Relying on public transport as a newcomer or occasional user can be rather stressful. For some years now, apps have been helping users to find the right bus or train. What many users do not know: The digital helpers do not always tell us the best route when considering e.g. the number of changes of buses or trains or even other transport means, such as cars or bicycles. Researchers of Karlsruhe Institute of Technology (KIT) work on a remedy.
“Today’s route planners, for instance, do not consider walks,“ says Dorothea Wagner, Head of KIT’s Institute of Theoretical Informatics. On balance, it might be quicker to walk ten minutes to the bus stop than to use the underground around the corner, the professor of algorithmics points out. The situation is similar when additional means of transportation, such as taxis or bicycles, have to be taken into account, or park and ride scenarios, when travelers park their car near stops of public transport and then use the bus, train, or tram.
Wagner solves the problem with highly efficient algorithms. “Algorithmically speaking, it is not very demanding to identify the quickest route,” says the expert. Such programs have been available for twenty years now. The problem is the mass of data describing more complex transportation scenarios. “We have to get quicker.” This is to be achieved by combining smart pre-calculations with quick algorithms to determine the best transport connections. First results mark a breakthrough in this area and will be presented at the international conference ALGO 2019 in Munich in September.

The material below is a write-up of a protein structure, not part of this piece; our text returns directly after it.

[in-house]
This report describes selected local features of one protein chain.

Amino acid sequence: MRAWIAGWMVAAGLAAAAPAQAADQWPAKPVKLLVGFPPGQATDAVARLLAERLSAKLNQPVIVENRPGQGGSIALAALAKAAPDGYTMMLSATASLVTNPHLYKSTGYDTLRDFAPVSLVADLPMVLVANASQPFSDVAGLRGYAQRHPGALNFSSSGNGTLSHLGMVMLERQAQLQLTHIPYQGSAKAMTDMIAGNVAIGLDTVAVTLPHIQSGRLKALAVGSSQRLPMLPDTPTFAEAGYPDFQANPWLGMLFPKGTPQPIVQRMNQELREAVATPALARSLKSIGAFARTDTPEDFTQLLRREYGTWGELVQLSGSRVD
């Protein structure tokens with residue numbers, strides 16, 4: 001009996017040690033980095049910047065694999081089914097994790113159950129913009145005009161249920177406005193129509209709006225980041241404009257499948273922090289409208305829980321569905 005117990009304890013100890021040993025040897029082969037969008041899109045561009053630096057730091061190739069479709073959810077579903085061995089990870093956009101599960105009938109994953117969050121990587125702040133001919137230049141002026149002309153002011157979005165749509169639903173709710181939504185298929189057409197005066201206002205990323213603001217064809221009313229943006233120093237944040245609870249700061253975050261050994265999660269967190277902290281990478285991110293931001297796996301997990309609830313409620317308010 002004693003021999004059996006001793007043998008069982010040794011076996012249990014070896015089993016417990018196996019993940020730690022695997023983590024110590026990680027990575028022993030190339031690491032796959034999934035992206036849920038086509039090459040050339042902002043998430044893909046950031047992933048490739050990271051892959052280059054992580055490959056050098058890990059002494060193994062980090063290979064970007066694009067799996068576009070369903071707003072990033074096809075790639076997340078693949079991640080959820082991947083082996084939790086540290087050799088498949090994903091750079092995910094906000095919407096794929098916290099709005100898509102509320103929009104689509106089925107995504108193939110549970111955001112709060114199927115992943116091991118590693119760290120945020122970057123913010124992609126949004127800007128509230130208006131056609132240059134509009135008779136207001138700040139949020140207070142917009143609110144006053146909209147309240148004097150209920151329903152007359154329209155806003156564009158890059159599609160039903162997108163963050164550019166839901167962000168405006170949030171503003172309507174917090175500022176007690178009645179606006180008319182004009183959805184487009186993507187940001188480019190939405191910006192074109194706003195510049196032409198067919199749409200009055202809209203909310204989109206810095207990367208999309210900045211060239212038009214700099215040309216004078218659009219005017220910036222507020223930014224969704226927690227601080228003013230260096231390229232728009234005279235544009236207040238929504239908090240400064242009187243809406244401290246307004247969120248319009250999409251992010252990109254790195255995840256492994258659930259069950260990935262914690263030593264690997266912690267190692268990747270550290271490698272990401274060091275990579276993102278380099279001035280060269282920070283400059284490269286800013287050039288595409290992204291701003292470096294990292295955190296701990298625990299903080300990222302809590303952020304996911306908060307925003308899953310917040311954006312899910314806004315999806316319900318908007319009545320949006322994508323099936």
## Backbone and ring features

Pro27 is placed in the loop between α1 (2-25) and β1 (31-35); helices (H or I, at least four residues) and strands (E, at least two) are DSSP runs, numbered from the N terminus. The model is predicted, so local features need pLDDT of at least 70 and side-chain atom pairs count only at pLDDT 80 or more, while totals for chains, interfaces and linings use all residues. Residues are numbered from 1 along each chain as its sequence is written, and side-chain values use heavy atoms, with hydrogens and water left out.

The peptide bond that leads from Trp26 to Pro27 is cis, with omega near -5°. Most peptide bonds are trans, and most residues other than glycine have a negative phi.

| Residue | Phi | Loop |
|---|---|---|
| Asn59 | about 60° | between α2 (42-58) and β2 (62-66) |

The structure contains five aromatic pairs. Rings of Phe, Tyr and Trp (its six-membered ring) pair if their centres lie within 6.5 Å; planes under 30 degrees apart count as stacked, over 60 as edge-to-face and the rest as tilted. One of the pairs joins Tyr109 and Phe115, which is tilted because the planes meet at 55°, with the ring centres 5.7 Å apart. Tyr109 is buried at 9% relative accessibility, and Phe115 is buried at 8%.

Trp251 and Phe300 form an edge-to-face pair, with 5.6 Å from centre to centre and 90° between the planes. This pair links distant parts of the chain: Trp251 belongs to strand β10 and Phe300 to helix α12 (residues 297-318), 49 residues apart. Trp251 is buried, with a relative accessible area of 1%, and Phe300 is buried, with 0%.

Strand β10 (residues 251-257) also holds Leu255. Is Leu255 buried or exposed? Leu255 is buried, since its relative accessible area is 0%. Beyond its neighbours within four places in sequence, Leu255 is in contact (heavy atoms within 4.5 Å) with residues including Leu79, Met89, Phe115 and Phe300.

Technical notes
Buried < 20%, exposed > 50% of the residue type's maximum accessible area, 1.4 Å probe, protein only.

The results will also help planners of public transport optimize their schedules and operational planning. Changing needs of customers will influence the routes and times for which more or less vehicles have to be deployed.
The German Research Foundation (DFG) will continue funding of the research group FOR 2083 on “Integrated Planning for Public Transportation” for another three years until 2021. Apart from the KIT, Stuttgart University, the University of Halle-Wittenberg, and the Fraunhofer Institute for Industrial Mathematics, Kaiserslautern, are involved in the project. The total amount of funding for the three years is about EUR 1.5 million. Funding will be distributed to the four research locations.
More about the KIT Information · Systems · Technologies Center: http://www.kcist.kit.edu